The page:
IdeaConference

MARKETER DECREE: BE A TOP BRAND OR BEGONE

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Leading marketers are dumping their marginal brands at a feverish pace as they focus on the top performers in their portfolios.

Last week alone, Campbell Soup Co. said it would spin off Swanson frozen foods, Vlasic pickles and five other "non-strategic" businesses into a separate, publicly traded company. And Dow Chemical Co. said it is exploring various options for its consumer brands unit, home to such brands as Ziploc and Saran Wrap, including a sale. Both moves follow Procter & Gamble Co.'s decision to put Duncan Hines on the block.

Analysts and marketing industry observers say the sales and spinoffs aren't a sign that brands are fading. Rather, they represent a move by marketers to focus on core brands and an unwillingness to support those that don't offer large-scale manufacturing, distribution and advertising synergies.

PROBLEM OF BEING NO. 3

"Brands are just as important as they always were, as is brand stewardship," said Burt Flickinger, consultant at Reach Marketing. "The problem is sustaining them if they can't hold the position of No. 1 or No. 2. [Retail] chains are carrying only the top brands and once you hit No. 3, media buying efficiency and marketing spending drop."

Campbell's spinoff of business with a combined $1.4 billion in sales is being done so the marketer can "focus on our most profitable businesses with the highest growth potential," said CEO Dale Morrison. Those brands include Campbell's soup, Pepperidge Farm, Pace, Prego and V8.

"All these companies are in the same position. They work week to week, quarter to quarter, year to year to please Wall Street," said Paul Mulcahy, a marketing consultant and former Campbell ad boss. "If profits go down, shareholders scream blue murder. It's sheer greed."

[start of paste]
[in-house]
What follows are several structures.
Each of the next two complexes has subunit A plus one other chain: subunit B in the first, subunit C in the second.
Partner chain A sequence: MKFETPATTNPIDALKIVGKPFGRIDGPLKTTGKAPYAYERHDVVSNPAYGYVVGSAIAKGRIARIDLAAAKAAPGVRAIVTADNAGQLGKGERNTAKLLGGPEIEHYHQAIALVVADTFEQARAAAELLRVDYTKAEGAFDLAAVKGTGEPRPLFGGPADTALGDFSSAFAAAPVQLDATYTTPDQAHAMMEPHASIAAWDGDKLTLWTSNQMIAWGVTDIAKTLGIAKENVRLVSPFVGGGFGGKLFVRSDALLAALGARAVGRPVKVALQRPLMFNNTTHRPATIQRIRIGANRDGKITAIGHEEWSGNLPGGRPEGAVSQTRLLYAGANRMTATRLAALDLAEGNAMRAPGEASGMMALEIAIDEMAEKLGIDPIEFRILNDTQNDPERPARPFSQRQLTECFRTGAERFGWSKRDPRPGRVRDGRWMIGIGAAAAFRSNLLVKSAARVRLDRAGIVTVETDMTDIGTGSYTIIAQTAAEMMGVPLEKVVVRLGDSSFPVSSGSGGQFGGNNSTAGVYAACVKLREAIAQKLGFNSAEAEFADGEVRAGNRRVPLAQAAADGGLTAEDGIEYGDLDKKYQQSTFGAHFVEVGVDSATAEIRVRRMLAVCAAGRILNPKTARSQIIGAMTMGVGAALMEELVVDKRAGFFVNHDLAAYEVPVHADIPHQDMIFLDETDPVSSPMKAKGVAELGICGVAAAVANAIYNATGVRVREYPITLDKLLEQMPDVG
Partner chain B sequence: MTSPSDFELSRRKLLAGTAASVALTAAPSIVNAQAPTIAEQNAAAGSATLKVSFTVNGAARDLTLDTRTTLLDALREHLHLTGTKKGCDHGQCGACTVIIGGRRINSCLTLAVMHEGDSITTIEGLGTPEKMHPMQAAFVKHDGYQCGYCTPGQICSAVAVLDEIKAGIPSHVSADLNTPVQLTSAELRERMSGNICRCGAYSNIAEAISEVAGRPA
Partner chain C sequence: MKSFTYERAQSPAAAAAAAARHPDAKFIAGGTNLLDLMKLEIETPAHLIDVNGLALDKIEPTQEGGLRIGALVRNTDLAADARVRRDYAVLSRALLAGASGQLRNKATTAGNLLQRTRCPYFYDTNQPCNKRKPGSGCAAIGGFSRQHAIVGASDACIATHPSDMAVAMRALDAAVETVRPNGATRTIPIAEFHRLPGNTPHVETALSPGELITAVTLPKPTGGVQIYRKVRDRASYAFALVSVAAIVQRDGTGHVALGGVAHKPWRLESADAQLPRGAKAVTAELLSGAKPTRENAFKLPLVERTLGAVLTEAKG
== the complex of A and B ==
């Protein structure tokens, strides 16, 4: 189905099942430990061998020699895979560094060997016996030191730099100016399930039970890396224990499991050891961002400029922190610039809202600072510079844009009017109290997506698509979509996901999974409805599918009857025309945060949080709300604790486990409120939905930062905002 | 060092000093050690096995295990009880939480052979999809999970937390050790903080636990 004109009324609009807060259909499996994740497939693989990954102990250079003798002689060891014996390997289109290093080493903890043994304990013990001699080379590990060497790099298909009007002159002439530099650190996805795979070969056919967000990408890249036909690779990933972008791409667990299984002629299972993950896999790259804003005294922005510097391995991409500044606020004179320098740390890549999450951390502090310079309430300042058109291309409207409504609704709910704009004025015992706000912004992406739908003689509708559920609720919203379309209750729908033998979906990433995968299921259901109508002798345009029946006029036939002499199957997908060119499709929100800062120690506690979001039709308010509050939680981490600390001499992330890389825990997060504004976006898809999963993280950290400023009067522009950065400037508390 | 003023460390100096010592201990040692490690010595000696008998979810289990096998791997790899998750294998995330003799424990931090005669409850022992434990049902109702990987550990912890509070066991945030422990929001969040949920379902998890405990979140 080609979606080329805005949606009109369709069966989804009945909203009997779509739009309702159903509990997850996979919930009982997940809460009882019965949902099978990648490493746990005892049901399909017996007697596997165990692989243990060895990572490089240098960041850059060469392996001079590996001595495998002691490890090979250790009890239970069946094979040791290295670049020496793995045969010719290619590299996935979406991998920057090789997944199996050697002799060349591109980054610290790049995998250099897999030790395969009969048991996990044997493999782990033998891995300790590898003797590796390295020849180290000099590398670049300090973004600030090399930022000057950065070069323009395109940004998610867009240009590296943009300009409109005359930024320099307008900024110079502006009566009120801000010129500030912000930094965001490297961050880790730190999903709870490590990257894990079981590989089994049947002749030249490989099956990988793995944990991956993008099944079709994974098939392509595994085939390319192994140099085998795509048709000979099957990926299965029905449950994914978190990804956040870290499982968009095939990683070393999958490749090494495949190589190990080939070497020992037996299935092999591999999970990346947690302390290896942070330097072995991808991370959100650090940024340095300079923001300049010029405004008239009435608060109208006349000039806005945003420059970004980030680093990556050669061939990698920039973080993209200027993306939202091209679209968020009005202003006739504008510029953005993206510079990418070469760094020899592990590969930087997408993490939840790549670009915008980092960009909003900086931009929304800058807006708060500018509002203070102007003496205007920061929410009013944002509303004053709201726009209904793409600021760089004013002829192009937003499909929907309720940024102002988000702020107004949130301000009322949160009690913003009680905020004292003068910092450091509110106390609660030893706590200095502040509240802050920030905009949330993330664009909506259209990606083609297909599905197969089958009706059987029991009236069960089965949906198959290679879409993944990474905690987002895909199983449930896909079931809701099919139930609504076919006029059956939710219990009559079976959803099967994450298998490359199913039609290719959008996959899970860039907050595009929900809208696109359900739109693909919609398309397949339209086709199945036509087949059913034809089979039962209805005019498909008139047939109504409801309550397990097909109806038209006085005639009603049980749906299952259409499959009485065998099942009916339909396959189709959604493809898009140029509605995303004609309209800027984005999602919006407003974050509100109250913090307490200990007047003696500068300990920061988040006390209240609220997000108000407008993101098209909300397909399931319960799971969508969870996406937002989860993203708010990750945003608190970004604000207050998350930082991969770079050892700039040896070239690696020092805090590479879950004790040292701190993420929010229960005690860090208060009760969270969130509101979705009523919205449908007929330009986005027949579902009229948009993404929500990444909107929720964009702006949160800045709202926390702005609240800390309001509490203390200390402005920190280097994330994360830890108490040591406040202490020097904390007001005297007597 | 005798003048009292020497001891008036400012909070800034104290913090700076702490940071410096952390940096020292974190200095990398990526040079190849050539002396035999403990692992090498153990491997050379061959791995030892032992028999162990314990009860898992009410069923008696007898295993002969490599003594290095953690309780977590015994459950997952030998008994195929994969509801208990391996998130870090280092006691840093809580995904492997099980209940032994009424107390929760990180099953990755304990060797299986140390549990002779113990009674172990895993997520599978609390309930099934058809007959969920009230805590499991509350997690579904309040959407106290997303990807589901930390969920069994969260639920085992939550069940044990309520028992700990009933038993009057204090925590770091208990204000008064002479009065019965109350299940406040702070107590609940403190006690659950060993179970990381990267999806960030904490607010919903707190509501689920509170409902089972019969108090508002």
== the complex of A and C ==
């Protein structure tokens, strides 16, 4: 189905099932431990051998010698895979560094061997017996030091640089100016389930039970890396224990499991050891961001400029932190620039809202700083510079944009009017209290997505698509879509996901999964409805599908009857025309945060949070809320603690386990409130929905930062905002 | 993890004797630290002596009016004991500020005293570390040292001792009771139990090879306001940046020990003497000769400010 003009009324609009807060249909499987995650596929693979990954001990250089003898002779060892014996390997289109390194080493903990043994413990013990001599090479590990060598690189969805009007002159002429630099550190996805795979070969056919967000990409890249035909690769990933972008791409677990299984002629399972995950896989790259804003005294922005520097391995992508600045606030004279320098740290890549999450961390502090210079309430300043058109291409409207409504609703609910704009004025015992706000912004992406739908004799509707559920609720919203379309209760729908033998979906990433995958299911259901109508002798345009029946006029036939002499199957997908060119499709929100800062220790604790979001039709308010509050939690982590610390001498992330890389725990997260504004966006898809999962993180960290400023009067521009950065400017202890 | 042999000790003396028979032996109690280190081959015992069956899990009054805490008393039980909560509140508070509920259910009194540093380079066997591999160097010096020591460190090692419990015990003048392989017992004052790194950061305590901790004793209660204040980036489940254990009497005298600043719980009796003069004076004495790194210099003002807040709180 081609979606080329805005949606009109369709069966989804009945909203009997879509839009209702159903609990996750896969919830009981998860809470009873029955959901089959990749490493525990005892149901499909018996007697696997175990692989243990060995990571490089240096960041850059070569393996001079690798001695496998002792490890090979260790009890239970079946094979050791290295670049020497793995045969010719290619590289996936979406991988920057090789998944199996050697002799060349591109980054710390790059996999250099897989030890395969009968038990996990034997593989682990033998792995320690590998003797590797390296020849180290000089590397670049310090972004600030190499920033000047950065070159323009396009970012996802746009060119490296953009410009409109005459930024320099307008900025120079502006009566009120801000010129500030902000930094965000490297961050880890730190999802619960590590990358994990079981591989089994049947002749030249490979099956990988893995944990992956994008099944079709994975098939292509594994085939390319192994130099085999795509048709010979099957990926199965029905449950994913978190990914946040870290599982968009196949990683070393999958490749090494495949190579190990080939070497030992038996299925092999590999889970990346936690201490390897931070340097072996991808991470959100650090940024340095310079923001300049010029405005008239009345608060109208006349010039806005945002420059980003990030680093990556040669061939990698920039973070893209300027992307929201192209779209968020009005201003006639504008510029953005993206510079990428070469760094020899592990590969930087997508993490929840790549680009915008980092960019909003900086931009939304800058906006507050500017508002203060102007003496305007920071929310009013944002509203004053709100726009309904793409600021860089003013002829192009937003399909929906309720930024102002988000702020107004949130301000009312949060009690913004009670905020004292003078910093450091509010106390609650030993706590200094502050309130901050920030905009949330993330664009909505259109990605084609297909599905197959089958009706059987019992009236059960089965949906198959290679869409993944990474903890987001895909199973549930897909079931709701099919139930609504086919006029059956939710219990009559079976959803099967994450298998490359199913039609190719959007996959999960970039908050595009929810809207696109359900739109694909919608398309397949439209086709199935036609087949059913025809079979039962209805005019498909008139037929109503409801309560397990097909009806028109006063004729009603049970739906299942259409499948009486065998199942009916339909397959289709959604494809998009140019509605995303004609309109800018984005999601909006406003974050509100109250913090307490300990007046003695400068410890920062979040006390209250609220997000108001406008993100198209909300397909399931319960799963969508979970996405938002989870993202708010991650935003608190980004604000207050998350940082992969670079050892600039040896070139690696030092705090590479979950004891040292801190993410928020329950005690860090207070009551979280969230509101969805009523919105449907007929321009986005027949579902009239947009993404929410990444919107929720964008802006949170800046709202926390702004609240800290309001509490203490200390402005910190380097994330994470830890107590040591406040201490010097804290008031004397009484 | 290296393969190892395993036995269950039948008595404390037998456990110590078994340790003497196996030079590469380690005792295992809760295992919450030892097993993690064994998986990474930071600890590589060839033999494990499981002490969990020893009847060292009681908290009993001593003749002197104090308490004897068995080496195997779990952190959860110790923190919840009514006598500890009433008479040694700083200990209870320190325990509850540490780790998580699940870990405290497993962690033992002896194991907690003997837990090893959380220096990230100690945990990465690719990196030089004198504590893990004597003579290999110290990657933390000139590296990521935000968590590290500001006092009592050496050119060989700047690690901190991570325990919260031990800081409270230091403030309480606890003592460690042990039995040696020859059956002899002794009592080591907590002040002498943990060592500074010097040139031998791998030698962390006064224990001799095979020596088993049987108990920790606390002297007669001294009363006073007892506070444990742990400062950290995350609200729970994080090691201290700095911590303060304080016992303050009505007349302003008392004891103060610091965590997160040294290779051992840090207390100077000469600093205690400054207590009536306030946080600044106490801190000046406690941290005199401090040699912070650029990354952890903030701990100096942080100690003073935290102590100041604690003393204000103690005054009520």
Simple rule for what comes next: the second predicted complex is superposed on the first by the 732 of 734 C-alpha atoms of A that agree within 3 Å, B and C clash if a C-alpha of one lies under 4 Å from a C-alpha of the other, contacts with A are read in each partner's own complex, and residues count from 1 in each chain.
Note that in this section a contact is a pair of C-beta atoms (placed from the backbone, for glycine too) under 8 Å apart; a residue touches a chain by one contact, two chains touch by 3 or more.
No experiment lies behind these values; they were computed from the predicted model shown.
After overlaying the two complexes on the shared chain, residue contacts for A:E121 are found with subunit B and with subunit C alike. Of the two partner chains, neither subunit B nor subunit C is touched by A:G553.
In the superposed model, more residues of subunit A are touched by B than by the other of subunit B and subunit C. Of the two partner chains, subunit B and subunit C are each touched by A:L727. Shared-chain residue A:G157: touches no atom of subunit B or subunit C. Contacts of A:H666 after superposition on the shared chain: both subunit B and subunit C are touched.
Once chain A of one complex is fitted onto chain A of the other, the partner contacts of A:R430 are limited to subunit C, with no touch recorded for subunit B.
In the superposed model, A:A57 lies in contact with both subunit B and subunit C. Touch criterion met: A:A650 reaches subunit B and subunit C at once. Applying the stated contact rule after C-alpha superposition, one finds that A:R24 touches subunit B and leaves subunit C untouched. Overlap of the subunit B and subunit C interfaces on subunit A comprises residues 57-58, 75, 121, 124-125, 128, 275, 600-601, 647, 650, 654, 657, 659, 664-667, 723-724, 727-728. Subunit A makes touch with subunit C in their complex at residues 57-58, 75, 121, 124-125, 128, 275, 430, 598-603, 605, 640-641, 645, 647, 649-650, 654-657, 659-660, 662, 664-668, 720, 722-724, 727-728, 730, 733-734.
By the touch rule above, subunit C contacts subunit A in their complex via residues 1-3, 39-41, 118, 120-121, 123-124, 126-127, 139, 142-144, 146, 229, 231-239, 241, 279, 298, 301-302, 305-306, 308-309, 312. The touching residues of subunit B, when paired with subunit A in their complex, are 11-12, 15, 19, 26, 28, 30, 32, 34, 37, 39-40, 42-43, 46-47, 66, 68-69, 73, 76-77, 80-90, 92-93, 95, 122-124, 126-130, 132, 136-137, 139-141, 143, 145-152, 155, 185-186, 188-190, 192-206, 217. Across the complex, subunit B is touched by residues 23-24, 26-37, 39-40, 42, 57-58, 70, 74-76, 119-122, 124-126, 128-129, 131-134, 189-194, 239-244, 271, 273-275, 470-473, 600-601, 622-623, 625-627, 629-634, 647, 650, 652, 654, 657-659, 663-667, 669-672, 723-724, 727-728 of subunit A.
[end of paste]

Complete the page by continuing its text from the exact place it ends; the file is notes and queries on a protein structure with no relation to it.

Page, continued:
The rationale behind Dow's move was that its DowBrands unit isn't a good strategic fit with the rest of the company. Dow also retained Goldman, Sachs & Co., a spokeswoman said, because it questioned whether DowBrands is large enough to compete effectively in the household goods marketplace.

PROBLEM OF SIZE FOR DOW

Dow's consumer brands are too small to achieve the sorts of manufacturing and distribution efficiencies that bigger rivals like P&G-or even Clorox Co. and S.C. Johnson & Son-can achieve, agreed Michael Grant, an analyst with J.P. Morgan Securities.

William Steele, an analyst with Buckingham Research Group, sees growing pressure industrywide for smaller brand groupings like DowBrands to merge with larger or similar sized rivals to be able to compete with the industry giants on distribution.

Johnson and Clorox, in fact, are seen as possible DowBrands suitors, analysts say, although both could face antitrust issues. Unilever tops the list of potential buyers, according to Mr. Grant and Carol Warner, analyst with Montgomery Securities. Unilever is flush with cash from the sale of its chemicals business and earlier this year was rumored to be interested in a buyout of Reckitt & Colman.

Colgate-Palmolive Co. and Dial Corp. also are possible buyers.

FINDING BUYER MAY BE HARD

But Mr. Grant said finding a buyer for second-tier brands may be difficult since all big consumer-products companies are moving to eliminate marginal units.

"From their point of view, these brands shouldn't be around 10 years from now," he said.

The hurdles to finding a buyer may be why Campbell is spinning off Vlasic and Swanson, brands long rumored to be on the block. While Vlasic, a $249 million business, according to Information Resources Inc., is actually the leader in shelf-stable pickles, the brand has gotten little marketing support in recent years and competes in a slow-growing category with little room for product innovation.

SINKING SWANSON

Swanson, with $194.6 million in sales, has dropped to fifth place in its category and has also gotten anemic ad support (see story on Page 4).

"Second-tier brands become milked, then they stop being brands and become products," said Tom Lawson, managing partner at Arnold Communications, Boston.

Ironically, second-tier brands aren't being advertised strongly, which is a major contributor to their decline.

"The reason these brands are dropping to No. 3 and 4 is because companies are putting 75% and up of their budgets into trade promotion," said Mr. Flickinger.

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